Millions of Yemenis live in Hodeidah, which is under the control of the Houthi militia, in miserable living and humanitarian conditions, which have worsened further with the rise in temperatures in conjunction with the absence of electricity from which the coup plotters seize billions of their allocations, according to informed sources and activists who call for alleviating the suffering of the population.
The severe heat wave comes with the continued power cuts for more than 22 hours a day for the city’s residents, amid accusations by prominent leaders of the Houthi group of looting about 21 billion riyals that were earmarked for electricity subsidies.
While local sources have directly accused the group of being behind the deprivation of the residents of the city of Hodeidah, the sources confirmed that the militias recently refused to purchase fuel to run many power stations.
Residents in the city of Hodeidah say that their suffering during the summer this year with the electricity cuts by the group reached a climax that made them unable to bear it, especially the elderly and those with diabetes, stress, heart and other chronic diseases.
Residents talked about the majority of families seeking refuge in the city of Al-Hodeidah after they had to leave their homes involuntarily, and live temporarily in some streets and under trees to escape the high temperature.
Given the continued deliberate disregard by the putschists about the suffering of the residents of Hodeidah, social media has been buzzing over the past few days with pictures and scenes, some of which showed a kind of rash rampant in the bodies of dozens of children, in addition to other hardships suffered by the residents of the city, which tops the Yemeni cities in terms of its resources that go to the pockets of leaders. The community and its supervisors.
Yemeni activists launched on social media platforms a wide electronic campaign to denounce the deprivation of electricity in Hodeidah in light of the sweltering summer. The campaign touched on great difficulties faced by the people as a result of the lack of current and the militias looting billions of revenues from the fund designated to support services in the city.
This campaign was met with an unprecedented interaction by activists, media professionals, bloggers and citizens of Hodeidah and from other cities under the control of the group, under the hashtag “Hodeidah dies.”
Activists revealed that the militias collected about 21 billion riyals by imposing 3 riyals (then 5 and 8) on each liter of fuel entering Hodeidah ports through the establishment of the so-called Hodeidah Support and Development Fund dedicated to electricity, water and health projects.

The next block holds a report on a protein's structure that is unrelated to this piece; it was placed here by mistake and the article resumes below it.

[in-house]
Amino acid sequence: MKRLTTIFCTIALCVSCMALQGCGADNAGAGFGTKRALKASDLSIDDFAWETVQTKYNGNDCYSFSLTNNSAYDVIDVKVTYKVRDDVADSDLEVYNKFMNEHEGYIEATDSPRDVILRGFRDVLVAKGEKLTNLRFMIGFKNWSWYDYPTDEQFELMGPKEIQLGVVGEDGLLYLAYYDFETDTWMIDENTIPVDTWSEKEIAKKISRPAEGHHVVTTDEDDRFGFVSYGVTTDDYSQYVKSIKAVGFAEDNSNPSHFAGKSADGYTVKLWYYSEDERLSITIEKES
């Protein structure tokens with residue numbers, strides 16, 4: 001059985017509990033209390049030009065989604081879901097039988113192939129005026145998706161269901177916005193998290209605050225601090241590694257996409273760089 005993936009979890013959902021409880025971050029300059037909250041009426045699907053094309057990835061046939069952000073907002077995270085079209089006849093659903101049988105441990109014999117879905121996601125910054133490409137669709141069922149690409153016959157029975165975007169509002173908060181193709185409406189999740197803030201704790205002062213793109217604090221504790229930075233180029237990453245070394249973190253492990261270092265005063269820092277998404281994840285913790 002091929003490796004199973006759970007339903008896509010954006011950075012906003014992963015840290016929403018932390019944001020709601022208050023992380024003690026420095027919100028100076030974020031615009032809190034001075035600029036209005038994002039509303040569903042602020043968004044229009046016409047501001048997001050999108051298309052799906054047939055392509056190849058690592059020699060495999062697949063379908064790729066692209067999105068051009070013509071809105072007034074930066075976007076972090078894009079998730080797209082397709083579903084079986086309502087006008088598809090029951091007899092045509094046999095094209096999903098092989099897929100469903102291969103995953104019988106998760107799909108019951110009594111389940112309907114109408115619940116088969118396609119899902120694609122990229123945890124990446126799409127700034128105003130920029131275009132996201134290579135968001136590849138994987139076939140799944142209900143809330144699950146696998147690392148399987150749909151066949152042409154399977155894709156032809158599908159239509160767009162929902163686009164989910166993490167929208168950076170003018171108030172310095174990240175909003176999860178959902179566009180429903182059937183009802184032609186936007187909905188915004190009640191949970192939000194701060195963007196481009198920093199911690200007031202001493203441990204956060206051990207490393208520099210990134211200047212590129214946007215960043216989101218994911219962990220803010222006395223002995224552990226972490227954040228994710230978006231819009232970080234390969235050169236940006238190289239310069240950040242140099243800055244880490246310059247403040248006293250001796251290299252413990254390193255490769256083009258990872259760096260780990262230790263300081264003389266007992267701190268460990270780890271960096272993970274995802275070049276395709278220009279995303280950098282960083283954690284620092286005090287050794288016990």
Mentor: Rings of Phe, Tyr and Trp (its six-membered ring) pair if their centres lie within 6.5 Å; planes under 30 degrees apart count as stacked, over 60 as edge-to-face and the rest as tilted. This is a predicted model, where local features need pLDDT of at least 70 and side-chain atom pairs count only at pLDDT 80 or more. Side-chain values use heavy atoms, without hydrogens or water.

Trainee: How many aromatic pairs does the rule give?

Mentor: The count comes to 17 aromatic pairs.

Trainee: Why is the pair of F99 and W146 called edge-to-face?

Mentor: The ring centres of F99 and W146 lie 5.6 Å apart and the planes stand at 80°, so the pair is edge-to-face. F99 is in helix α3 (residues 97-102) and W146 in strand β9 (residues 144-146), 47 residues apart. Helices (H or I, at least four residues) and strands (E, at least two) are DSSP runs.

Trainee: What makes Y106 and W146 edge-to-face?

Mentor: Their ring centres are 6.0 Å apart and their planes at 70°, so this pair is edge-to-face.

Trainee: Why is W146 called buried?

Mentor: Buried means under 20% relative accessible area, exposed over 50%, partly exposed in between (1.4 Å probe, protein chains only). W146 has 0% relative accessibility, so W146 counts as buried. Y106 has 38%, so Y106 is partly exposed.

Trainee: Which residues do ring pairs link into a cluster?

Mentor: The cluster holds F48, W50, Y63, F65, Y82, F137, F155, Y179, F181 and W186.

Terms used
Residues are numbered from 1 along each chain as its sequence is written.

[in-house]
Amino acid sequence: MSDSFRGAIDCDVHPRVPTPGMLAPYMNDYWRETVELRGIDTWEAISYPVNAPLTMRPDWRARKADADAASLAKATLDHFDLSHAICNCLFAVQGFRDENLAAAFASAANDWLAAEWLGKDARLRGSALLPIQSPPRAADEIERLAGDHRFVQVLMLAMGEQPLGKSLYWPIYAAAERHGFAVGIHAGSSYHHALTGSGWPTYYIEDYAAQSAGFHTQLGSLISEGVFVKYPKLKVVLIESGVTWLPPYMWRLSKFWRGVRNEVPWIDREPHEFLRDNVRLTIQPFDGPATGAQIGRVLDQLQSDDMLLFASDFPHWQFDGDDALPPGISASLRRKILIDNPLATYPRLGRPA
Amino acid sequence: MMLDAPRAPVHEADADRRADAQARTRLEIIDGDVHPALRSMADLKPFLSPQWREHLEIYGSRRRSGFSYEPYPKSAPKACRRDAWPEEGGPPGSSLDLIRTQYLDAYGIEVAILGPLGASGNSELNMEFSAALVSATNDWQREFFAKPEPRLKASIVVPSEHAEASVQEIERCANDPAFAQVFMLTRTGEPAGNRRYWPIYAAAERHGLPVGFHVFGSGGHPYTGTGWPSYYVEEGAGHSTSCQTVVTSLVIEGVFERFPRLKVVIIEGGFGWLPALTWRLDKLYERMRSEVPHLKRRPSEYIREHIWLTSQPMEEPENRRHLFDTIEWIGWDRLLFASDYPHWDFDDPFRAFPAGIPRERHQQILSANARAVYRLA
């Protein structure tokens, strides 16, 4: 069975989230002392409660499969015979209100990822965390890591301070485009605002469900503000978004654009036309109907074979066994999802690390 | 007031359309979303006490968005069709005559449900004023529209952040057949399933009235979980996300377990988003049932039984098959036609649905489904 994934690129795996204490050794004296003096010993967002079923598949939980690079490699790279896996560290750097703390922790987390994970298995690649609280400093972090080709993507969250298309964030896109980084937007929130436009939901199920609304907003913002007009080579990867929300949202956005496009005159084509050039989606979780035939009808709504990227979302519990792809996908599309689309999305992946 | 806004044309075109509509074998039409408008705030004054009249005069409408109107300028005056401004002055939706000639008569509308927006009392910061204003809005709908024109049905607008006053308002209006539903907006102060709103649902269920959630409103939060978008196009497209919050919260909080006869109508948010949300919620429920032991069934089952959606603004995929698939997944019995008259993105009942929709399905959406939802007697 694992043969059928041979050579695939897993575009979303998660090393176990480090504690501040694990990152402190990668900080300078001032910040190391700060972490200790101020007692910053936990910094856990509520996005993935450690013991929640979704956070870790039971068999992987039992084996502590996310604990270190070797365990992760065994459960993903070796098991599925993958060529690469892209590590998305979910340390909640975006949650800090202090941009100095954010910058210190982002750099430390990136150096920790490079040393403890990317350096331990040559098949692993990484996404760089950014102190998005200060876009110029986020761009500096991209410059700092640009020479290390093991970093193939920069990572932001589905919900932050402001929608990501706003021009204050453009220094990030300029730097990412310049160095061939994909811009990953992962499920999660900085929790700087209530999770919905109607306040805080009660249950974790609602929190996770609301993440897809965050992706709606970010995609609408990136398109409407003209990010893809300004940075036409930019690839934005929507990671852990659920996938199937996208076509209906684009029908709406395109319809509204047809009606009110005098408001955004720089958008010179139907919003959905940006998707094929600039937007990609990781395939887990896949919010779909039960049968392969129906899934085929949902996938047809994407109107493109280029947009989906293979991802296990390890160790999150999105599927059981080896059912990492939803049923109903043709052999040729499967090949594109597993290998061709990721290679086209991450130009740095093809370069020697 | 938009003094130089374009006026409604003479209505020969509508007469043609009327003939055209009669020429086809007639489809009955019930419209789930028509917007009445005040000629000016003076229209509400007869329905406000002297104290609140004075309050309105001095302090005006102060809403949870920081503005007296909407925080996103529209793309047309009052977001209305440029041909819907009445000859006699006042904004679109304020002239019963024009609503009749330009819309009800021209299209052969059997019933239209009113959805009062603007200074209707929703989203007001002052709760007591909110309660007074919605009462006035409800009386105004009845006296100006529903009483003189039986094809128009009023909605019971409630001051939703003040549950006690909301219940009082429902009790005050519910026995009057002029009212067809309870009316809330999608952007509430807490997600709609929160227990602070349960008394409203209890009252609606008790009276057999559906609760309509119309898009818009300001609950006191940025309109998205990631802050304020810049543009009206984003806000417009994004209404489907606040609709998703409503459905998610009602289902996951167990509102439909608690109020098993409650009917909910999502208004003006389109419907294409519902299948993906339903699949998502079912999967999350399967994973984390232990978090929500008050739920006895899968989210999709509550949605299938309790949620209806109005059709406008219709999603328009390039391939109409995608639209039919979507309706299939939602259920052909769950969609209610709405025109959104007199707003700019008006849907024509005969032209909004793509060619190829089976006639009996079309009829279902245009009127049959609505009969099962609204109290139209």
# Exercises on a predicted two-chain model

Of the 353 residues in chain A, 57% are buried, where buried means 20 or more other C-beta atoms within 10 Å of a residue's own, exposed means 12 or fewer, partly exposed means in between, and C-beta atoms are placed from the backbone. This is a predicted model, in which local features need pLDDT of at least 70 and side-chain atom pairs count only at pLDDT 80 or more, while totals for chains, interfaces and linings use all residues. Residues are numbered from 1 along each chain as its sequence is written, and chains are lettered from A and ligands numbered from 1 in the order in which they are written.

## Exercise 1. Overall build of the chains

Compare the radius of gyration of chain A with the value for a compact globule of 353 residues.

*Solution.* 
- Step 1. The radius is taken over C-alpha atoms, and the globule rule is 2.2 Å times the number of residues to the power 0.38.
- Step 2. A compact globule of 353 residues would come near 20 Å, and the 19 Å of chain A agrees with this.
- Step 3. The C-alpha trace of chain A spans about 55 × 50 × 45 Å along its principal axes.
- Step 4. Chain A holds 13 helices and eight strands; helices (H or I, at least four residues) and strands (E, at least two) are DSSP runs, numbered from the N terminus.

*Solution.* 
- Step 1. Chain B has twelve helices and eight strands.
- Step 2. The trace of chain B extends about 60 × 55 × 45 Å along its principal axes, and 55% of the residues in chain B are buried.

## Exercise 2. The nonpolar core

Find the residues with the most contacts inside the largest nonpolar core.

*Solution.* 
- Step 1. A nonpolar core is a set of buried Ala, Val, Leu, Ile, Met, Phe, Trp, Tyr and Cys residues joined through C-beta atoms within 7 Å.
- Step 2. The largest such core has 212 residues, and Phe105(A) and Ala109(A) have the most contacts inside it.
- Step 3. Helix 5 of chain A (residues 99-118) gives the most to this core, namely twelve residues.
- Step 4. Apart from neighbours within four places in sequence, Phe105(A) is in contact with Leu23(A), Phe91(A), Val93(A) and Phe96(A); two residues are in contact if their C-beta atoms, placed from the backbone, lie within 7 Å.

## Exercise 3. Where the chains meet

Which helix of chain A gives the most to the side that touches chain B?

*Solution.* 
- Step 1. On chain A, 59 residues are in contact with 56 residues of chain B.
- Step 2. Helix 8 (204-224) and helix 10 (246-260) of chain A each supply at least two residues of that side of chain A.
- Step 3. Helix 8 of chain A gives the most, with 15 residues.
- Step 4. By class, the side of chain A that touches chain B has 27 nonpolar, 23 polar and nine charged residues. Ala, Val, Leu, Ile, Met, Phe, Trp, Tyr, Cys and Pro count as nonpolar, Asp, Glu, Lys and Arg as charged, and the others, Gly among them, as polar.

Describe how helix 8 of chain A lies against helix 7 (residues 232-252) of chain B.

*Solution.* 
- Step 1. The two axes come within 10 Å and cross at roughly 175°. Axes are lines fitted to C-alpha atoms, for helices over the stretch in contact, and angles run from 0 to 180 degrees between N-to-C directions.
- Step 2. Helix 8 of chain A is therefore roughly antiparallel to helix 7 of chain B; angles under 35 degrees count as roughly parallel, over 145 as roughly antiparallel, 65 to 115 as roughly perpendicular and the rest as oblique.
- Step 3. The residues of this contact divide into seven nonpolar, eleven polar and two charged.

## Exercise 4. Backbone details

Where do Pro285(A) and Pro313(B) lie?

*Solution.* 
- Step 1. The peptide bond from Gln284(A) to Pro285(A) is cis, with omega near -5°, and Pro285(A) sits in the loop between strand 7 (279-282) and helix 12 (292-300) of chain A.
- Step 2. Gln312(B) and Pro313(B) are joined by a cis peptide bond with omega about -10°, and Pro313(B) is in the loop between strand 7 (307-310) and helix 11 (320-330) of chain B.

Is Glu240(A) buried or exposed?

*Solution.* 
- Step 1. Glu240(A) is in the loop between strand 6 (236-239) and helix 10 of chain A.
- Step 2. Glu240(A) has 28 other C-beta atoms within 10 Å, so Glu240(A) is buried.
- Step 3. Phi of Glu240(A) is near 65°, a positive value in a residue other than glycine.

They emphasized that the coup group collected for this alleged fund during its first year in 2017, about 7 billion riyals, or approximately 21 billion until 2020, without calculating the amounts that entered the fund from fuel vessel fees during the two months of the armistice.
The activists accused the leader loyal to the group, Muhammad Qahim, who impersonated the Hodeidah governorate, of being behind the looting of the Electricity Support Fund after handing over its management to the Houthi leader, Abdul Ghani al-Madani, in exchange for 60 million riyals he receives per month.
In a comment, a deputy in the illegal Houthi parliament in Sana’a explained that their council had previously approved 8 riyals deducted from each liter of oil and a bag of wheat entering the port of Hodeidah in favor of Hodeidah electricity within the framework of what was called the governorate support fund.
Representative Abdo Bishr indicated that these amounts are still deducted and supplied to Sanaa, while the residents of Hodeidah are without electricity and die daily from the heat. “We want to know where all that money is going,” he said.
For his part, journalist Mahmoud Al-Atmi stated that “the group cuts electricity to hospitals and patients, such as a dialysis center for patients with kidney failure, and provides service for limited hours to Al-Thawra Hospital, which is the largest hospital in Al-Hodeidah, while the current reaches the apartment of the smallest Houthi leader coming from Saada who cannot stand the Hodeidah heat.” ».
Al-Atmi said, “Imagine that the Houthi leader coming from Saada, Muhammad Al-Ahmadi Al-Marani, owns only 6 stations in the city of Hodeidah, with the capacity of each generator reaching 3 megawatts, and he is one of the biggest influencers in the electricity sector.”
He added, “Since the operation of government stations in 2018, the revolutionaries have spent huge sums of money on electricity maintenance without any oversight, and these funds have gone into the pockets of militia leaders, led by Abdul Ghani al-Madani, Mahdi al-Mashat and Muhammad Ayyash Qahim.”
Activist Abdullah Al-Halabi considered that the campaign comes with the aim of putting pressure on the United Nations Mission to support the Hodeidah Agreement to take serious steps to prevent the Houthis from using electricity to enrich and finance the war, and in order to return the previous government tariff of 7 riyals instead of the 250 and 400 riyals that go into the pockets of the coup leaders.